Finding Confidence: The Resilient Athlete

Finding Confidence: The Resilient Athlete

3 Effective Strategies to Be Confident in the Face of Obstacles

When it comes to confidence and sport, there is a common misconception, just as in life, there is a misconception about what it means to be brave.  Let’s first uncover what it means to be brave.  Many people erroneously think bravery is the absence of fear.  Not True!  Fear is a natural response to new experiences.  Bravery is facing a new experience such as; a interviewing for a new job, buying a house, starting a new relationship or undergoing surgery.  Bravery is feeling the fear but still moving forward.

Likewise, confidence is not the absence of fear or anxiety.  All athletes experience some degree of nervousness when facing a top-ranked opponent, trying a new routine in competition, playing in the post-season or learning a new skill.  Confidence is trusting that you can meet the challenge or not backing down.  There is a book by Susan Jeffers, “Feel the Fear and Do It Anyway.”  That is confidence… moving forward knowing you can be successful even in spite of challenges, obstacles and setbacks.

The defending World Series Champion Chicago Cubs are experiencing a dip in confidence during the first half of the 2017 season.  The Cubs are just under .500 with a record of 31-32.  In the previous year, the Cubs lost only 58 games the entire season.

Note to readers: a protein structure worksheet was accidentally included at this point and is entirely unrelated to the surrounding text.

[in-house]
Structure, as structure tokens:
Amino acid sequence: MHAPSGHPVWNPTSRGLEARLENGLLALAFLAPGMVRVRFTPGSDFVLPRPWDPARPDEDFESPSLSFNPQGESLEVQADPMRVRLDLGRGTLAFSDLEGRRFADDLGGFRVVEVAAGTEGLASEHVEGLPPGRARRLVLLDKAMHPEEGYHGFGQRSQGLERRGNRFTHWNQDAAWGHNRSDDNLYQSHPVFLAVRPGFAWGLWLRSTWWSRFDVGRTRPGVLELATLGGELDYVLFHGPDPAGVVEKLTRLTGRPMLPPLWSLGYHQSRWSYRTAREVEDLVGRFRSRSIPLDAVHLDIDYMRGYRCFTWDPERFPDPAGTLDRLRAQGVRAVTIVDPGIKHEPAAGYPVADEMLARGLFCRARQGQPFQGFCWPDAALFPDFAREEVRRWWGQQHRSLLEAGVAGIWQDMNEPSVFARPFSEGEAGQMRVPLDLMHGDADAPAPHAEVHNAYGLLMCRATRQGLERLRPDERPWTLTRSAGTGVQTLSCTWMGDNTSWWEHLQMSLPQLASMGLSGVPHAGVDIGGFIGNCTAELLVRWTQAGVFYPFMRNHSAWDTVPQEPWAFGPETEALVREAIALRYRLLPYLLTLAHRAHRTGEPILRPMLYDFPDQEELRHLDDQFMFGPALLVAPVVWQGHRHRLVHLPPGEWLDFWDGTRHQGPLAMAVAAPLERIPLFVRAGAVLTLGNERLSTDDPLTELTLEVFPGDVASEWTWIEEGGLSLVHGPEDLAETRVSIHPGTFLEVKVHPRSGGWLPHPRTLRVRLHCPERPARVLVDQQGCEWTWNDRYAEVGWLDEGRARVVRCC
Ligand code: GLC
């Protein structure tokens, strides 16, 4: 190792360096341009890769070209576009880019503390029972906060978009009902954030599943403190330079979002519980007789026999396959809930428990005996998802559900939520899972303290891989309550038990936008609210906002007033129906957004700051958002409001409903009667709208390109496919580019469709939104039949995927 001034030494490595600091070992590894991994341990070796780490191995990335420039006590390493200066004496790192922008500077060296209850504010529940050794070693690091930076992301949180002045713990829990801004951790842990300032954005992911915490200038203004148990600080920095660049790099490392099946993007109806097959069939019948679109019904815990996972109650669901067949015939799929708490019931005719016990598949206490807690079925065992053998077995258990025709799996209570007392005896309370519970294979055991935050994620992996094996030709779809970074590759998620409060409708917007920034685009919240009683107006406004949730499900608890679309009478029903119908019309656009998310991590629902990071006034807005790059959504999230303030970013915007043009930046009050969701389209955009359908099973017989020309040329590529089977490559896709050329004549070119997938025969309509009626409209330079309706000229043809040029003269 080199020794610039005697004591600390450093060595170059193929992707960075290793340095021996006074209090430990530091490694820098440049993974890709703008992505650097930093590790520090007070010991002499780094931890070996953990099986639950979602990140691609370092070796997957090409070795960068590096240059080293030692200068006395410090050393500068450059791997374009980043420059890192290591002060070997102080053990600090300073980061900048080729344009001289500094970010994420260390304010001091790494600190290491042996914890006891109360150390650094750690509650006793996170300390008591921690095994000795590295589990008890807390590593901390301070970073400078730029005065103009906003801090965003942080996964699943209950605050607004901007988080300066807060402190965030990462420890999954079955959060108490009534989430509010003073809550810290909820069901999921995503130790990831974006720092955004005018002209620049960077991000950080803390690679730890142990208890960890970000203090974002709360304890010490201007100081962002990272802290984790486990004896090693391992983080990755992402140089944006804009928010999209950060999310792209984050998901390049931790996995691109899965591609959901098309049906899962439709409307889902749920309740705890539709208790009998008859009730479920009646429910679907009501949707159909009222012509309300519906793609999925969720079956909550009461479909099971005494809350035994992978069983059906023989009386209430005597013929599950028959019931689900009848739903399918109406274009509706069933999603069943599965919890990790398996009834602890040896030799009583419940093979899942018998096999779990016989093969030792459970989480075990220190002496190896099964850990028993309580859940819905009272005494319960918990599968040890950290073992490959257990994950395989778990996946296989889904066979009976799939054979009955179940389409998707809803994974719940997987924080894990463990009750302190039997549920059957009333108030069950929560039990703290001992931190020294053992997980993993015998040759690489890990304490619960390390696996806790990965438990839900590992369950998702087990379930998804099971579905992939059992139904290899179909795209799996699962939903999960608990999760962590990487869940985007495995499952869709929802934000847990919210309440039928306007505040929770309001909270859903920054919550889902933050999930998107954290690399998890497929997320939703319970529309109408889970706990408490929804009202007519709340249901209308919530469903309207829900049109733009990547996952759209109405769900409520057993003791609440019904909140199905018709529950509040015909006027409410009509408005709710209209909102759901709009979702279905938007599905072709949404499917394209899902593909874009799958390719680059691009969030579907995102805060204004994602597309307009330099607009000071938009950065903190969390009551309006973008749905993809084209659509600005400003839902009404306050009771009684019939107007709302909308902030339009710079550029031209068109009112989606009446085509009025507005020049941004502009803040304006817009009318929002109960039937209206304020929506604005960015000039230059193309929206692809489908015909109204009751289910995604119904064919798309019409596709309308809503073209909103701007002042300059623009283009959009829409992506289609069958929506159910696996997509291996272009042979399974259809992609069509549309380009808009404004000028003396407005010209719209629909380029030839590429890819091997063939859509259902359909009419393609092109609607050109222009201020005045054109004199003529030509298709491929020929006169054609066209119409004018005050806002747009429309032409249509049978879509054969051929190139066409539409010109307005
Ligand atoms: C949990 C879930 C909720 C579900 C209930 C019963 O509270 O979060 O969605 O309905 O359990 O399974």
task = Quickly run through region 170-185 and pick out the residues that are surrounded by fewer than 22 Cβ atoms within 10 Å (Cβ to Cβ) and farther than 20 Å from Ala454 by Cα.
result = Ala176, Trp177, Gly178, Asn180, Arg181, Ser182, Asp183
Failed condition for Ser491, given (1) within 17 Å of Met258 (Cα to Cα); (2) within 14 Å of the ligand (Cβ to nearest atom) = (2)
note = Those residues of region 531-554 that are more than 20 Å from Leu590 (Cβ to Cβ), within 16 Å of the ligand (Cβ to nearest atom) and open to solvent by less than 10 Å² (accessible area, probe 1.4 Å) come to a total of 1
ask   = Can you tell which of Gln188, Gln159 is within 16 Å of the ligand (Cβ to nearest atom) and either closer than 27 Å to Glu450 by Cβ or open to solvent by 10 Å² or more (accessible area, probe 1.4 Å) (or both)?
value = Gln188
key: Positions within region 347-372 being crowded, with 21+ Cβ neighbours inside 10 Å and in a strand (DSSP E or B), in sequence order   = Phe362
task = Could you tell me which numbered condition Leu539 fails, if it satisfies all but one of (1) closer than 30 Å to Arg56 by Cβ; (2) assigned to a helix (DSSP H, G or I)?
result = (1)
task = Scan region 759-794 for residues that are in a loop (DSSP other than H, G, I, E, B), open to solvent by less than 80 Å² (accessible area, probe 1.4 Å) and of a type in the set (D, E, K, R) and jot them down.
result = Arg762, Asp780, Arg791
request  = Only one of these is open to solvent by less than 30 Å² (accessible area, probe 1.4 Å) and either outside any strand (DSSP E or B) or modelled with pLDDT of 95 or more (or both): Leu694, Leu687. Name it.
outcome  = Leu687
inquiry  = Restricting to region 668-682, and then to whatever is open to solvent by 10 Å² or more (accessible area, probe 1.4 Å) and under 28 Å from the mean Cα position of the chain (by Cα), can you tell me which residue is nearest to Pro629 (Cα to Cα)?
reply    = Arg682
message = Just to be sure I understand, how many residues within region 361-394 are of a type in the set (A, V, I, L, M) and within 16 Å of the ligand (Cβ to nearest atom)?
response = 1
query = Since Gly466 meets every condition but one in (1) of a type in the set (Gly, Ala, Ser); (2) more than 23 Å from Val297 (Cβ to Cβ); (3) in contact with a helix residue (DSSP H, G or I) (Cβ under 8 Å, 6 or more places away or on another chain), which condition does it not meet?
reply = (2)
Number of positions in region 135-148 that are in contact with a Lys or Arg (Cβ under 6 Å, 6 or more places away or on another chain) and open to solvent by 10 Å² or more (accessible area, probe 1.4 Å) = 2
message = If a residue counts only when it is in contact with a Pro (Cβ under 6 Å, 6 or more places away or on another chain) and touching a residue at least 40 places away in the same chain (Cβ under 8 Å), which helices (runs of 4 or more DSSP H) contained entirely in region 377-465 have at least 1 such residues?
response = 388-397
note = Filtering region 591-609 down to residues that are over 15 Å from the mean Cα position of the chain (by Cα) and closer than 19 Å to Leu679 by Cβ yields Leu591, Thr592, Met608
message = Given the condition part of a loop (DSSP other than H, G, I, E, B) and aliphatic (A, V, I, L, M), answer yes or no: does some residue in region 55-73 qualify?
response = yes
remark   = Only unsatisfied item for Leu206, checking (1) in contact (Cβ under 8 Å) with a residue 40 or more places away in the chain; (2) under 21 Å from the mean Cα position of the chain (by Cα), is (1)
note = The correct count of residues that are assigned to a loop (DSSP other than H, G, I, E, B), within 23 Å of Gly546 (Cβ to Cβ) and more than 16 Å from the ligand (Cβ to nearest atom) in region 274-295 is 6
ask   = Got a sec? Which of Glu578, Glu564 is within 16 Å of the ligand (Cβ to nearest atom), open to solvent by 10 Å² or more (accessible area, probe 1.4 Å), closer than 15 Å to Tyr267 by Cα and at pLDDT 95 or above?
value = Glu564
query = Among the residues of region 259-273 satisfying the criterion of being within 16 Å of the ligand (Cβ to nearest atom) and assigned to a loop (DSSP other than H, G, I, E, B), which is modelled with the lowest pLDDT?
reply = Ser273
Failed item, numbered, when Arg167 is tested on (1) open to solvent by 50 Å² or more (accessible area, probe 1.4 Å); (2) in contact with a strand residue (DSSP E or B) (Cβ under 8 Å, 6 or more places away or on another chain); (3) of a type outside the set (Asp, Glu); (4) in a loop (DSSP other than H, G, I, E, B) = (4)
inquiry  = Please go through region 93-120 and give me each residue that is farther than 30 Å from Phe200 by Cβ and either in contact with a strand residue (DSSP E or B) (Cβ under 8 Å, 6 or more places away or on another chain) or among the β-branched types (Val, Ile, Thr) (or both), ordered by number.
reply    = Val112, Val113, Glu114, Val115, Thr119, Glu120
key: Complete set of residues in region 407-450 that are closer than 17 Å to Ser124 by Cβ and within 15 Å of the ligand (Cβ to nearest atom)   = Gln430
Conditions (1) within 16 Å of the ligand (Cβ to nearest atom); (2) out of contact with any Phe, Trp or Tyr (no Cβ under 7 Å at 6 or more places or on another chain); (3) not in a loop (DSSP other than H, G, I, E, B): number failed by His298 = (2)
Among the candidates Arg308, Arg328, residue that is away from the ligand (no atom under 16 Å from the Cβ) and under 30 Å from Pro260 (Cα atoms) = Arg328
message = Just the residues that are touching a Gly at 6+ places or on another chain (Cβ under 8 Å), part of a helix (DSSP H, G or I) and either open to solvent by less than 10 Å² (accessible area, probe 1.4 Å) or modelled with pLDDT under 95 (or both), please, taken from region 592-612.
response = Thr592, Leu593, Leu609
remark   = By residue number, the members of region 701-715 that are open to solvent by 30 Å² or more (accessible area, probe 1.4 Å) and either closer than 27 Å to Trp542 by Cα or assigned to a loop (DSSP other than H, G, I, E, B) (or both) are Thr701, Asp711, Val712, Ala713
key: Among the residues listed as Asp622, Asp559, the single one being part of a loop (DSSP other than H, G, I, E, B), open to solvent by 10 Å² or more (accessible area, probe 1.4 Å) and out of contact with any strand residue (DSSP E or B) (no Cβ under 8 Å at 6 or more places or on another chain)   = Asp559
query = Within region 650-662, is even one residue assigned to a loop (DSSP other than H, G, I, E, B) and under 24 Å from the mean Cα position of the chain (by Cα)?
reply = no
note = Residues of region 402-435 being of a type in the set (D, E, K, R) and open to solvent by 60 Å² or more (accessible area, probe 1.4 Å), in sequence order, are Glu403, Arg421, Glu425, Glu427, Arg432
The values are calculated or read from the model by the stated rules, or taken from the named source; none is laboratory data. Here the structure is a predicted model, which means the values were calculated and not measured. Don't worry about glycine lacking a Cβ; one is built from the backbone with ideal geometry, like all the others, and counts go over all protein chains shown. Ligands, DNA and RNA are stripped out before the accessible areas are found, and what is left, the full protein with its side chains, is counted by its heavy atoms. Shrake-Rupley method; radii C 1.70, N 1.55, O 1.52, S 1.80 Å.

Cub manager Joe Maddon talked about the issue of the Cubs’ confidence level and their recent struggles.

MADDON:  “They’re missing their confidence more than anything.  Confidence is such a fragile component of human existence, especially when it comes to sports. [When your confidence slumps] whatever you did in the past, it’s easy to forget that.”

Maddon absolutely hits the nail on the head in regards to confidence.  When you forget or dismiss your past successes, you can get wrapped up in the obstacles in front of you and doubt your ability to move forward.  Instead of moving forward, when you are overwhelmed by doubt, the anxiety and fear stop you in your tracks.

For example, the tennis player who has lost the first set and no longer tries to return balls that are at the far end of his range… Or the golfer who plays it safe due to a few missed putts… Or the gymnast who refuses to perform an element of her routine because she fell the last time she attempted that skill in a meet.

It’s all about confidence… It’s about continually trying… It’s about knowing there is a breakthrough in the near future.

3 Effective Strategies to Be Confident in the Face of Obstacles

  1. Instead of replaying a mistake over in your head, mentally watch your personal highlight reel of your past successes.
  2. Acknowledge your fear and anxiety. Call it what it is, “Okay, I’m afraid I will fall again. I’m going to push forward anyway.”
  3. Recall times when you faced a challenge and overcame that obstacle.